Oral history interview with Clark Richert, 2013 August 20-21
Richert, Clark, 1941-
Auther, Elissa, 1966-
Rocky Mountain College of Art and Design
Stoddard-Fleischman History of Rocky Mountain Area Artists project
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4 sound files (2 hr., 55 min.) digital, wav
Transcript: 52 pages.
Originally recorded as 4 sound files. Duration is 2 hr., 55 min.
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Transcript available on the Archives of American Art website.
An interview with Clark Richert conducted 2013 August 20- 21, by Elissa Auther, for the Archives of American Art's, Stoddard-Fleischman Fund for the History of Rocky Mountain Area Artists, at the Museum of Contemporary Art in Denver, Colo.
Richert speaks of deciding to become an artist; his influences; studying art at the University of Kansas; the Wichita Vortex; Droppings: working with geometric art; Drop City; geodesic domes; The Ultimate Painting; Zome Toy; Criss-Cross; using computers in art; being a teacher; the Armory Group; and A.R.E.A. Richert also recalls Bruce Conner, Richard Kallweit, Joan Brown, Gene Bernofsky, Buckminster Fuller, Michael McClure, Alan Kaprow, Nick Sands, Robert Rauschenberg, Rothko, Jay Defeo, Dean Fleming, Linda Fleming, John Fudge, and others.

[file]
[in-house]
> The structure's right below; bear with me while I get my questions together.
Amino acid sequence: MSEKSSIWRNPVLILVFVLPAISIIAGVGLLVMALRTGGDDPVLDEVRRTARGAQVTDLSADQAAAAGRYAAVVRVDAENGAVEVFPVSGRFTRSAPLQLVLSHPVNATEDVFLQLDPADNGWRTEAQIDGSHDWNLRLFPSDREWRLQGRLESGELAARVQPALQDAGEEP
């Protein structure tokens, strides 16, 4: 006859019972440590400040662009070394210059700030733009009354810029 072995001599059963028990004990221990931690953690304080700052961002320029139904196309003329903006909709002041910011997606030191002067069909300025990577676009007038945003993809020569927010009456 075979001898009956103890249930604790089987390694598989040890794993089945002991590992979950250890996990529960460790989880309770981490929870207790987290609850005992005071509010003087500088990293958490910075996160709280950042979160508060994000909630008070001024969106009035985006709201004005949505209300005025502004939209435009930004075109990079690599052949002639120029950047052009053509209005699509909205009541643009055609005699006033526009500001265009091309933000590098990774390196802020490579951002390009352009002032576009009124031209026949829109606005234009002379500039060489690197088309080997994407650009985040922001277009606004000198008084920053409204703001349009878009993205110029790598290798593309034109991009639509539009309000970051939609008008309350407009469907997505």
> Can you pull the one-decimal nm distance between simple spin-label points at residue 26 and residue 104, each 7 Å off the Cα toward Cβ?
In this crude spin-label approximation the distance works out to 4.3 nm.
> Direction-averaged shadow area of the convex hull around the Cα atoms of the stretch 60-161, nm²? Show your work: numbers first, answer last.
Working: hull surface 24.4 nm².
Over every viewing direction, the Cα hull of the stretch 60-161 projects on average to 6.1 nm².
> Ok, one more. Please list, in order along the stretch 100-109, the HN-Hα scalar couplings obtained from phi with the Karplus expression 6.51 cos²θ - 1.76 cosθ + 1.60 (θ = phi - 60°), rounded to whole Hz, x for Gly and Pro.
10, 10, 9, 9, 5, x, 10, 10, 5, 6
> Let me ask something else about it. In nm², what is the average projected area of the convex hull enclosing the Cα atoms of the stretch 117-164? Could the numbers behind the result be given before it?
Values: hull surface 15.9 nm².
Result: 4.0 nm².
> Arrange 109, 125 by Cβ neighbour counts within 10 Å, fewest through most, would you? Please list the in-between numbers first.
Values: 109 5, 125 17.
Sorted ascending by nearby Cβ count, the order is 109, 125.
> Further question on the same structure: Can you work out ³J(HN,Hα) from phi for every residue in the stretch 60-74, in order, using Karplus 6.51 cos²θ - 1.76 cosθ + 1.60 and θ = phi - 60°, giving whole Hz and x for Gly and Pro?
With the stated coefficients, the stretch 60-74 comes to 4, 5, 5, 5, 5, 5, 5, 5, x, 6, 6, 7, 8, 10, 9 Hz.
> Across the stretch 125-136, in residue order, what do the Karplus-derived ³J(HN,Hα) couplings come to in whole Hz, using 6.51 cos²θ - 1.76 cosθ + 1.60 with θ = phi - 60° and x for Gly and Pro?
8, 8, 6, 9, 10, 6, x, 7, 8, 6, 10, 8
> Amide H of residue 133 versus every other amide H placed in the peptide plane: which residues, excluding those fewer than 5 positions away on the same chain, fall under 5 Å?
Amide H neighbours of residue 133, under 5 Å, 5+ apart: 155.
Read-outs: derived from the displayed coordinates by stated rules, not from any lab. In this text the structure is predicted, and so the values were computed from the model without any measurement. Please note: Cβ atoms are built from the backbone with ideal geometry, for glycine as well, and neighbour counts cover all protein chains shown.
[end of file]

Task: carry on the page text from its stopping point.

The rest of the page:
Quotes and excerpts must be cited as follows: Oral history interview with Clark Richert, 2013 August 20-21. Archives of American Art, Smithsonian Institution.
Transcript available online.
Funding for this interview was provided by the Stoddard-Fleischman Fund for the History of Rocky Mountain Area Artists
Interviewee Clark Richert (1941- ) is a painter in Denver, Colorado and is head of the painting and drawing department at Rocky Mountain College of Art and Design. Interviewer Elissa Auther (1966-) is associate professor of contemporary art in the Department of Visual and Performing Arts at the University of Colorado, Colorado Springs, Colo.
This interview is part of the Archives of American Art Oral History Program, started in 1958 to document the history of the visual arts in the United States, primarily through interviews with artists, historians, dealers, critics and administrators.
Archives of American Art, Smithsonian Institution, 750 9th St. NW, Washington, D.C. 20001